Once again, the emphasis here is not so much on the verisimilitude or the skill of the actors in depicting these kinds of situations, but on the very idea that theatre makes a unique kind of contemplation possible for the audience. In this case: Would the same person have acted differently at a different point in their life? Would they have interacted differently with their partner if either of them had been able to be more or less mature, if they had had the benefit of more or less experience? Or simply, at this moment a new light is cast on that core Stanislavskian question: What if? So, as the physical fight comes to an end, we see each couple offer a different variation of ‘the end’.
The ‘dramaturgical’ reading of a text is obvious in the rigour with which some peripheral aspects of the adaptation are handled too. Rather than adopting without questioning the screen convention of cameo parts, due consideration is given to the function of every episodic piece of casting in this piece of theatre. The best example is an almost insignificant moment when towards the end of the piece, the actress Celia Nufaar reappears. She had appeared earlier on in the story as Mrs Jacobi, Marianne’s middle-aged client, stuck in a loveless marriage, and wishing to file for a divorce. When Marianne has eventually filed her own divorce papers, Nufaar glides onto the stage, seemingly ghost-like, and subtly juxtaposing two very different moments from the story itself. But in this instance she plays Marianne’s mother, providing pretext for the two characters to address generational differences in attitudes towards marriage – an aspect of Bergman’s narrative which was incidentally edited out of Nunn’s version.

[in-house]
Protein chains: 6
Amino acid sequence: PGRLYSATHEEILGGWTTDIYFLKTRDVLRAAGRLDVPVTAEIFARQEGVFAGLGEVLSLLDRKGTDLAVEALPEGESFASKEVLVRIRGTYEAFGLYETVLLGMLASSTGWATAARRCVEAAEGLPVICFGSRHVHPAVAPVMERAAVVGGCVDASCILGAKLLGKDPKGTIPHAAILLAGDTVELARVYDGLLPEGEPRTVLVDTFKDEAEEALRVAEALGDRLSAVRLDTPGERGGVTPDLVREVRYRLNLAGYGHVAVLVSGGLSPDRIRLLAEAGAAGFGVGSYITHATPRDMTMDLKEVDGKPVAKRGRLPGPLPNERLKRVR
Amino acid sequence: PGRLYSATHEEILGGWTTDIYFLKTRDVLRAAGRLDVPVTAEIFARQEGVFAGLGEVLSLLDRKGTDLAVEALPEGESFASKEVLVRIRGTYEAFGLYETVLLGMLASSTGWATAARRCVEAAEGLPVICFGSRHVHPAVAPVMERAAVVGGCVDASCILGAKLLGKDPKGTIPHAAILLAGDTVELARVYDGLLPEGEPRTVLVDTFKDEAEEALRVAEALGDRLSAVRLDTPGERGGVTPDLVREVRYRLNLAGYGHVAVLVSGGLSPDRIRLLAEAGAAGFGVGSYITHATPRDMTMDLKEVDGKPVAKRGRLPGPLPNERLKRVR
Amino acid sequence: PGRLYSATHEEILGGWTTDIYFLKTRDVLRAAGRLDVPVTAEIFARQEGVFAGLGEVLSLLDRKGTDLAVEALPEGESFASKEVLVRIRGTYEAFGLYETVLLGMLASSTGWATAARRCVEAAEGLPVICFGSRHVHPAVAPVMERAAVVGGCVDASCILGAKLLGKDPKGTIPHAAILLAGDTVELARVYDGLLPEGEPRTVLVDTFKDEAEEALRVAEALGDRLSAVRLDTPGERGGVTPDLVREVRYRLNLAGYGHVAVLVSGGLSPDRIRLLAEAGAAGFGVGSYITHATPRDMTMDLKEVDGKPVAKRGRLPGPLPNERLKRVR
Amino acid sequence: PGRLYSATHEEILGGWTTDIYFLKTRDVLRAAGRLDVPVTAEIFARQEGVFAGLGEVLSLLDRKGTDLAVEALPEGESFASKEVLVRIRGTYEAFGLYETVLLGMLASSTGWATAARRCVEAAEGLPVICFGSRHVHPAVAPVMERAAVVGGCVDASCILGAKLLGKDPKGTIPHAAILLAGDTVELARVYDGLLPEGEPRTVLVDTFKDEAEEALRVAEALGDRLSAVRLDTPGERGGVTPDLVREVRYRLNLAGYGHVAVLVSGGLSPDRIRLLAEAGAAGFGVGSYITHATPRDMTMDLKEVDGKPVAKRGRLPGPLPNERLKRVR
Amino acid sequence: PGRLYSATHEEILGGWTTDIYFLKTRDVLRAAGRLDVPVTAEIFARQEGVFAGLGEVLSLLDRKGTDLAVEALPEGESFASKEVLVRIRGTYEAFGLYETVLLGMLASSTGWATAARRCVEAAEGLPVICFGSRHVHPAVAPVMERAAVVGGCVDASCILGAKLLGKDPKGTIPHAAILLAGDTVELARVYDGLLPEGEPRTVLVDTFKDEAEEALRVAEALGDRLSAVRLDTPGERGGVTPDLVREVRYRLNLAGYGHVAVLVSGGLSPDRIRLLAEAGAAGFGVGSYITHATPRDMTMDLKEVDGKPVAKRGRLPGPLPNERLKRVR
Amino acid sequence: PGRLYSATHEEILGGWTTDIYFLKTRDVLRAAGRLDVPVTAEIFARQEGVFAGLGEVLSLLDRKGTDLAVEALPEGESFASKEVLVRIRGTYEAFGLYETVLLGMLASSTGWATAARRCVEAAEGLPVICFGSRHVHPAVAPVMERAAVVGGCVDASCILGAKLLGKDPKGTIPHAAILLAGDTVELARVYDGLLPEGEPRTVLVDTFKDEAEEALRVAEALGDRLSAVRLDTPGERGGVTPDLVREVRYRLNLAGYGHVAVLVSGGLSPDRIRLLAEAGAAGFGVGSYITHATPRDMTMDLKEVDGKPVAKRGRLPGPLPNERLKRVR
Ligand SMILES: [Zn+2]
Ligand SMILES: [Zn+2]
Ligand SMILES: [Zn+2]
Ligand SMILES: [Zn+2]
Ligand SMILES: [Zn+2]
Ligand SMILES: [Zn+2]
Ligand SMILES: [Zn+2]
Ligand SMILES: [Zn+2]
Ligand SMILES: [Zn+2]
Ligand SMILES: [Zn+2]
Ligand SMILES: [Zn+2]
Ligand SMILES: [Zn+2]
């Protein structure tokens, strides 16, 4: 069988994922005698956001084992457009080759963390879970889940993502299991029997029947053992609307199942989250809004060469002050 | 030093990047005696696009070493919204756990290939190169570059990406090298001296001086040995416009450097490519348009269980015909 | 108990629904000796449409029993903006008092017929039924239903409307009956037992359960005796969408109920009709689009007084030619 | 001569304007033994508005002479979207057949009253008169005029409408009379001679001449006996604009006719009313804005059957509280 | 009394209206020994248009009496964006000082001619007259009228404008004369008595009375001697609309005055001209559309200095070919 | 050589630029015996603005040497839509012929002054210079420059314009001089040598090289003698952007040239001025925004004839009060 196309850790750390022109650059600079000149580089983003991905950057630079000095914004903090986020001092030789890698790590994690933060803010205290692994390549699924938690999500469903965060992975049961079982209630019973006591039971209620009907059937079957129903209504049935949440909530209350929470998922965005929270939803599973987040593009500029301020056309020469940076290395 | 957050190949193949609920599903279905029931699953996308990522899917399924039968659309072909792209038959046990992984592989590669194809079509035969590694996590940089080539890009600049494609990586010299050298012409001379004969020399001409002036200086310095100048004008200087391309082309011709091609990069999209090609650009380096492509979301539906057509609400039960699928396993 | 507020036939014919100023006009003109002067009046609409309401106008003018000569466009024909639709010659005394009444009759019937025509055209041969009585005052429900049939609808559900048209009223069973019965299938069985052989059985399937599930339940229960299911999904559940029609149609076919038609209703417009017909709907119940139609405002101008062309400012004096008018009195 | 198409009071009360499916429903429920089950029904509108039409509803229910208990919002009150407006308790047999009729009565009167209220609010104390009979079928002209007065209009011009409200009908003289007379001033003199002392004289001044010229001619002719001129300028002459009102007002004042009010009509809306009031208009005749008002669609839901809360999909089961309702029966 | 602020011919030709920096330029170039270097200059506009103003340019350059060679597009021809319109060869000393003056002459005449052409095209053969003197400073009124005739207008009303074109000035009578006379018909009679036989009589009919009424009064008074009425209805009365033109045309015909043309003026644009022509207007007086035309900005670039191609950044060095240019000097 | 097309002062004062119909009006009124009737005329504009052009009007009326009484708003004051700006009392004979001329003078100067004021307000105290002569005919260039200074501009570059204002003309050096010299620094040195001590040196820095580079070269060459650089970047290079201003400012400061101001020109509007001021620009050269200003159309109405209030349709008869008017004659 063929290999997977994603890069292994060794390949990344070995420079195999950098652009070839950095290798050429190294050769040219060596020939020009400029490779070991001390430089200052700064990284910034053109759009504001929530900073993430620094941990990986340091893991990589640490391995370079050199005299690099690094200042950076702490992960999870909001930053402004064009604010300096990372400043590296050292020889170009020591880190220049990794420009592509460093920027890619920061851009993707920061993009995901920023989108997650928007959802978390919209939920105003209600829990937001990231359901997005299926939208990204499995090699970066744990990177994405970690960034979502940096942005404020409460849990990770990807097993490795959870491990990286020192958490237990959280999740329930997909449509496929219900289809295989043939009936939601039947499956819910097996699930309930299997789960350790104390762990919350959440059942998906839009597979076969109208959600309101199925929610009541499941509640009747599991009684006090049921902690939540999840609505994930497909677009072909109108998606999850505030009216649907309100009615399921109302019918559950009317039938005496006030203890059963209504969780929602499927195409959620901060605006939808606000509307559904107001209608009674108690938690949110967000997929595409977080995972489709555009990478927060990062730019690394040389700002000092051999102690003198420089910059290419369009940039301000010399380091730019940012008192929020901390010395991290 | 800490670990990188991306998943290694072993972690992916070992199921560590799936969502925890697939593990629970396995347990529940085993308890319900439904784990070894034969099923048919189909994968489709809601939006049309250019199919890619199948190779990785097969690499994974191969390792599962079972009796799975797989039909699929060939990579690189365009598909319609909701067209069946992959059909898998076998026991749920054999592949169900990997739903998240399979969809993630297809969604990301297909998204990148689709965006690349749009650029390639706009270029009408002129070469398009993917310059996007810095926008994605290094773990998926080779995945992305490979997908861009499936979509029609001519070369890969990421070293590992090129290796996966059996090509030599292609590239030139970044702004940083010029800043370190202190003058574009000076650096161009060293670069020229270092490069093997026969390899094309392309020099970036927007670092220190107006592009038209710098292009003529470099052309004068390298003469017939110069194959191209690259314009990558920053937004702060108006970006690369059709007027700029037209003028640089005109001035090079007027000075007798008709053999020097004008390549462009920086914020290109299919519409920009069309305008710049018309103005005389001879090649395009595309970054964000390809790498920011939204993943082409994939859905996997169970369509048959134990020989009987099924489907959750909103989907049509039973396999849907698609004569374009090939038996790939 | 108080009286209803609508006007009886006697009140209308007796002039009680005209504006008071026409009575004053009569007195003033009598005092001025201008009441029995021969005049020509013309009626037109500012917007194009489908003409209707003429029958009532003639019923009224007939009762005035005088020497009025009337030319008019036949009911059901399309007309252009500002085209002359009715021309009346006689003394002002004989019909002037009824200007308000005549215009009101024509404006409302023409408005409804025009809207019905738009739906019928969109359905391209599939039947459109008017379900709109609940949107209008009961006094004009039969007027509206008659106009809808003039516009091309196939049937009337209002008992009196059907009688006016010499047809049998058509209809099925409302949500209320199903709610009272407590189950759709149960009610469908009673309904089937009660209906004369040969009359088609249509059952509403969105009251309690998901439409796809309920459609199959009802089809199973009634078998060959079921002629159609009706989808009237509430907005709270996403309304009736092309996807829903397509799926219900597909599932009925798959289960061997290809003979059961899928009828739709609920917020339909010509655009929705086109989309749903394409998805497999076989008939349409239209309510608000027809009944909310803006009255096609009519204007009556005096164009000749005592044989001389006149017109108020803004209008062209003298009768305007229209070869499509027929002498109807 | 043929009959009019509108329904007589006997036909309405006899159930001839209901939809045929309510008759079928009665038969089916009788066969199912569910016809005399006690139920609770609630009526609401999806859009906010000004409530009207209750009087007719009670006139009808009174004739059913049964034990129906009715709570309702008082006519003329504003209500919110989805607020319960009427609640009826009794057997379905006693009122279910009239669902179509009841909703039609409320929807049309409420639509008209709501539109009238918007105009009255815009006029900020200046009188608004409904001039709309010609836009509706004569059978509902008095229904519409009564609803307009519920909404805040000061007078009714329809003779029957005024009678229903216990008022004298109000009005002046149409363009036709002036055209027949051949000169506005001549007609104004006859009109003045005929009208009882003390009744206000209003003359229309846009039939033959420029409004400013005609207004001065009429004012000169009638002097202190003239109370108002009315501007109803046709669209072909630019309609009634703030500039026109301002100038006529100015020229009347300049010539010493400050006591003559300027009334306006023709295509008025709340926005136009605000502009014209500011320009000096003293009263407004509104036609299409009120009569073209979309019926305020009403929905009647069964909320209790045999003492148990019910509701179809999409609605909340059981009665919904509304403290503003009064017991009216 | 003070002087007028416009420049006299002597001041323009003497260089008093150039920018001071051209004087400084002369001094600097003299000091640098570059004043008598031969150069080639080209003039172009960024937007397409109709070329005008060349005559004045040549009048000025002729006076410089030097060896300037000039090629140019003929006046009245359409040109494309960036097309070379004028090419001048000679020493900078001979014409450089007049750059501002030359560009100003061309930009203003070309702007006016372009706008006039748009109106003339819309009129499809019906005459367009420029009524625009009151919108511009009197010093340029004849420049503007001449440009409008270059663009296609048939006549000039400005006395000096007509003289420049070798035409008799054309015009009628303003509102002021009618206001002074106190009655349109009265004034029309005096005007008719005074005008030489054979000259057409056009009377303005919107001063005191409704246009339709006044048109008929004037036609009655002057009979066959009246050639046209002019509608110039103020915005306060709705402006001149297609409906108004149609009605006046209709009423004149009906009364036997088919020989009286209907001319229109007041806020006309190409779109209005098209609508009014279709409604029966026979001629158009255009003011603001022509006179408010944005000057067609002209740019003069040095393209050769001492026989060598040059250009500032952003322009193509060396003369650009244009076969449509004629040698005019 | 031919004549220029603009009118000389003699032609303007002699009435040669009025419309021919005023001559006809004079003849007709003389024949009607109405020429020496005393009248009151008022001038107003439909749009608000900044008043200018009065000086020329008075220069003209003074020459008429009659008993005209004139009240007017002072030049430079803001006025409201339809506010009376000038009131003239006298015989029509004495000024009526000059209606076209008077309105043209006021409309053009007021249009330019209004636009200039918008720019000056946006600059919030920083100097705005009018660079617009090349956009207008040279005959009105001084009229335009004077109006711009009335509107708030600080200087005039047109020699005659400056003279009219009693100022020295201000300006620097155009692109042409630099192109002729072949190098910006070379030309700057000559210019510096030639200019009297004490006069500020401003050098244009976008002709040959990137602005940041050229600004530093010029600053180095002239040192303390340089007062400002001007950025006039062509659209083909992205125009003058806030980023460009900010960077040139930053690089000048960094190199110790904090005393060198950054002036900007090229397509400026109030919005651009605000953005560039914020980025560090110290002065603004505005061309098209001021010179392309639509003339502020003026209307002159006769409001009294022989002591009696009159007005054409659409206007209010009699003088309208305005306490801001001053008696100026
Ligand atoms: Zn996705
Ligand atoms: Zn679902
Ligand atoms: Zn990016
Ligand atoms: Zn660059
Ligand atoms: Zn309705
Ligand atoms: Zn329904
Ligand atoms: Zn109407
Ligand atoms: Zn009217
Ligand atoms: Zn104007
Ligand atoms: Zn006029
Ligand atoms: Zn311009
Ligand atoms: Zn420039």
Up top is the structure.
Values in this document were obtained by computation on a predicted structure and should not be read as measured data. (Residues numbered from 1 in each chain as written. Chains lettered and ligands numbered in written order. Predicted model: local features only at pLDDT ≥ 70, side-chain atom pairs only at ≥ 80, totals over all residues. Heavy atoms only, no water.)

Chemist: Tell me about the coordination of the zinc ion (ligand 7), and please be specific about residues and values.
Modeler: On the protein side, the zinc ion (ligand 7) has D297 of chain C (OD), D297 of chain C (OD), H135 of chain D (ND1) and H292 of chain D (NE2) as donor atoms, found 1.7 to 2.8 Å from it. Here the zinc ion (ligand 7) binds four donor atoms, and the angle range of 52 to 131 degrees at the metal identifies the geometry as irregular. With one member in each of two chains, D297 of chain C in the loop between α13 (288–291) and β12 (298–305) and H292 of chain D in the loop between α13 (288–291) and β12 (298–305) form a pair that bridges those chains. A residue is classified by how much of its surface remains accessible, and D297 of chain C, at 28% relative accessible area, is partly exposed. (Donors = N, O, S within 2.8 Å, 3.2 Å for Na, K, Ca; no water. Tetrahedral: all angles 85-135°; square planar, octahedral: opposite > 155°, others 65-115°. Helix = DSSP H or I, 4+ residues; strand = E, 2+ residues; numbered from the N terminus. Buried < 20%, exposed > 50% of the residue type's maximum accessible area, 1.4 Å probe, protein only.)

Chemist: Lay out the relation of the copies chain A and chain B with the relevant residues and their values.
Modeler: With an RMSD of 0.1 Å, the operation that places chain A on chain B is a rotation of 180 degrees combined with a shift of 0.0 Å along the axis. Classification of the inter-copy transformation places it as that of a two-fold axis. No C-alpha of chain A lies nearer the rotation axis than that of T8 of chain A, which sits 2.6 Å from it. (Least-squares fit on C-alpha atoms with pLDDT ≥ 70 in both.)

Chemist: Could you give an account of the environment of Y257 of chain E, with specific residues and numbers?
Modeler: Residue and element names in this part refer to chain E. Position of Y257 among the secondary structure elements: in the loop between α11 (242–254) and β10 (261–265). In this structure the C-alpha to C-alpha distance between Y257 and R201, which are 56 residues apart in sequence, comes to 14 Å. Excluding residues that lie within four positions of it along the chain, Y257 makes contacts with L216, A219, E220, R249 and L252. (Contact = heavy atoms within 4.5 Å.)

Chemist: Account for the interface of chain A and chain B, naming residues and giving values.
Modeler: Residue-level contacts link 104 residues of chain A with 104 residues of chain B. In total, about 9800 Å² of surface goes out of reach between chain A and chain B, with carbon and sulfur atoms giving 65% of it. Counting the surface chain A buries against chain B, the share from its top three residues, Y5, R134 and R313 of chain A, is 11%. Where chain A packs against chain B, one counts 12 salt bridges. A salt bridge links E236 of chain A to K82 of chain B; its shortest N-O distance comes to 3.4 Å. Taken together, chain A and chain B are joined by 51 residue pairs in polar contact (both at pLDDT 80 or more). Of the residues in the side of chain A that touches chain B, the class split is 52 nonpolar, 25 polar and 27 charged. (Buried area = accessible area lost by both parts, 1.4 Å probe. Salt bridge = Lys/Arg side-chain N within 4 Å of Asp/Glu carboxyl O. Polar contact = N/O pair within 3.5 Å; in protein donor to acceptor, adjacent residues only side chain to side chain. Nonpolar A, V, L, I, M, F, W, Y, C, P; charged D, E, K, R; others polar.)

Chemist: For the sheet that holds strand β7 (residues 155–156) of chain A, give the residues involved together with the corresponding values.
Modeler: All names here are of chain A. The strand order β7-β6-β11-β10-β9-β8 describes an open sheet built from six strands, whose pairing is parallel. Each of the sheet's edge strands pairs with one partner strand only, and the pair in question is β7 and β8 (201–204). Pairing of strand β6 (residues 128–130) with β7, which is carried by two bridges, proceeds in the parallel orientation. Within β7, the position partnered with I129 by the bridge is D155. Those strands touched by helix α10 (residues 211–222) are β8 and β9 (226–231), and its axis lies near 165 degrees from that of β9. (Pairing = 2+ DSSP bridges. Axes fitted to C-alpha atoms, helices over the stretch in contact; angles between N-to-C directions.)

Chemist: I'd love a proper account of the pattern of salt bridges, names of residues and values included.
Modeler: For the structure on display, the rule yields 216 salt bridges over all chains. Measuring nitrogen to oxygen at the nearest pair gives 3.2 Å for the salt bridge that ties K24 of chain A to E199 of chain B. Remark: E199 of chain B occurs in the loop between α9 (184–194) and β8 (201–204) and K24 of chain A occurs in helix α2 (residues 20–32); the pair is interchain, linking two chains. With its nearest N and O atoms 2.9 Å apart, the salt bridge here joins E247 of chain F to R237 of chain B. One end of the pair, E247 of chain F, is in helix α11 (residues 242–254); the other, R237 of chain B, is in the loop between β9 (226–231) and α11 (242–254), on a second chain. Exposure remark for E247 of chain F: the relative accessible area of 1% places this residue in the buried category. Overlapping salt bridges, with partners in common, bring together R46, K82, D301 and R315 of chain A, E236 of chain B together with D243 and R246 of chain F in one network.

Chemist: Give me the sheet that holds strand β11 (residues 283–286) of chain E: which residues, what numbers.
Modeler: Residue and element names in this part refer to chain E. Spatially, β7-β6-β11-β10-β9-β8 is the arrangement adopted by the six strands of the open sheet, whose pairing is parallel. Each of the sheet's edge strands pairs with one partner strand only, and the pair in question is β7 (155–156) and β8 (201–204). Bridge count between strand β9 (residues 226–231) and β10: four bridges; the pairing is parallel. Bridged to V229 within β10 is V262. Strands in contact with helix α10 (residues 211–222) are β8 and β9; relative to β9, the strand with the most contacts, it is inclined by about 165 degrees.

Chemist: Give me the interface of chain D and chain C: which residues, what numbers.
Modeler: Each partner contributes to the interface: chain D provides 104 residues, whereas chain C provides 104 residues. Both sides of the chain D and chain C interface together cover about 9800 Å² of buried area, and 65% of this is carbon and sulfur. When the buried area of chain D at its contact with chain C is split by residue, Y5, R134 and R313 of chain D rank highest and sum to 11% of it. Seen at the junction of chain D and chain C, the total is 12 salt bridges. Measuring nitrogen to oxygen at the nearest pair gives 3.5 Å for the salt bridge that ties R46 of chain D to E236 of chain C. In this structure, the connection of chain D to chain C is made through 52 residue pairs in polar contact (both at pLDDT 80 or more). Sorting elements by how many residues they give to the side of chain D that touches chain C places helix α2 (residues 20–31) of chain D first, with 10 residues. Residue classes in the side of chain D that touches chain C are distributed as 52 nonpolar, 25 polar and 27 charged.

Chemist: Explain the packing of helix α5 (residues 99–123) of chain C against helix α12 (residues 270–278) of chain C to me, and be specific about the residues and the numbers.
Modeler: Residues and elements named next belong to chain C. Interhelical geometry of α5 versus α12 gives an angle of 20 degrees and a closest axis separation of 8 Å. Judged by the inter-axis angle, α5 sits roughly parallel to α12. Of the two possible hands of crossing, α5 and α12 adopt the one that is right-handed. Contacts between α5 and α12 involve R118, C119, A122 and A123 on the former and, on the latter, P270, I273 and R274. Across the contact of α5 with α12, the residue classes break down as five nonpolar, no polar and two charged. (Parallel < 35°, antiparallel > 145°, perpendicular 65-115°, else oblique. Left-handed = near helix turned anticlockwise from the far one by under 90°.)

In revisiting Bergman’s film itself, it becomes indeed clearer than in either of these two productions that the central female character’s most defining feature is her inability to assert and free herself of the constraints of her background, despite the fact that she has achieved considerable levels of political and sexual emancipation. And this is possibly the only aspect of the narrative that might be seen from a contemporary perspective to date it in some respect. Because Nunn’s version wishes to retain the representational format in its approach to the adaptation and engage the audience through the mechanism of self-recognition, elements that might date the production are a problem and they are dealt with by simply being removed. The ironic outcome of this is that in its pursuit of verisimilitude this production ends up appealing most directly to the limited demographic in their late 30s and 40s, or maybe even more specifically the demographic who were once in their 30s and 40s when it used to be customary for them to have started a family in their late 20s and whose marriages therefore reached a crisis point by the early 40s.
In other words in its pursuit of a universal appeal, Nunn’s production inadvertently seems to misfire somewhat. Van Hove’s production, on the other hand, achieves a universal appeal more successfully by way of a theatrical metaphor. Rather than asking us to relate to the work through our personal experience of life, it asks us instead to relate to it through our innate abilities to appreciate theatre as an art. And this is perhaps where another key difference between British and European theatre resides – the notion of theatre as public good (as opposed to show-business) frees the theatre-makers up to anticipate that their audience will want to be engaged intellectually, politically, emotionally and experientially, rather than being obliged to deliver sentimentality, entertainment and customer satisfaction.
Duška Radosavljević is the author of Theatre-Making: Interplay Between Text and Performance in the 21st Century.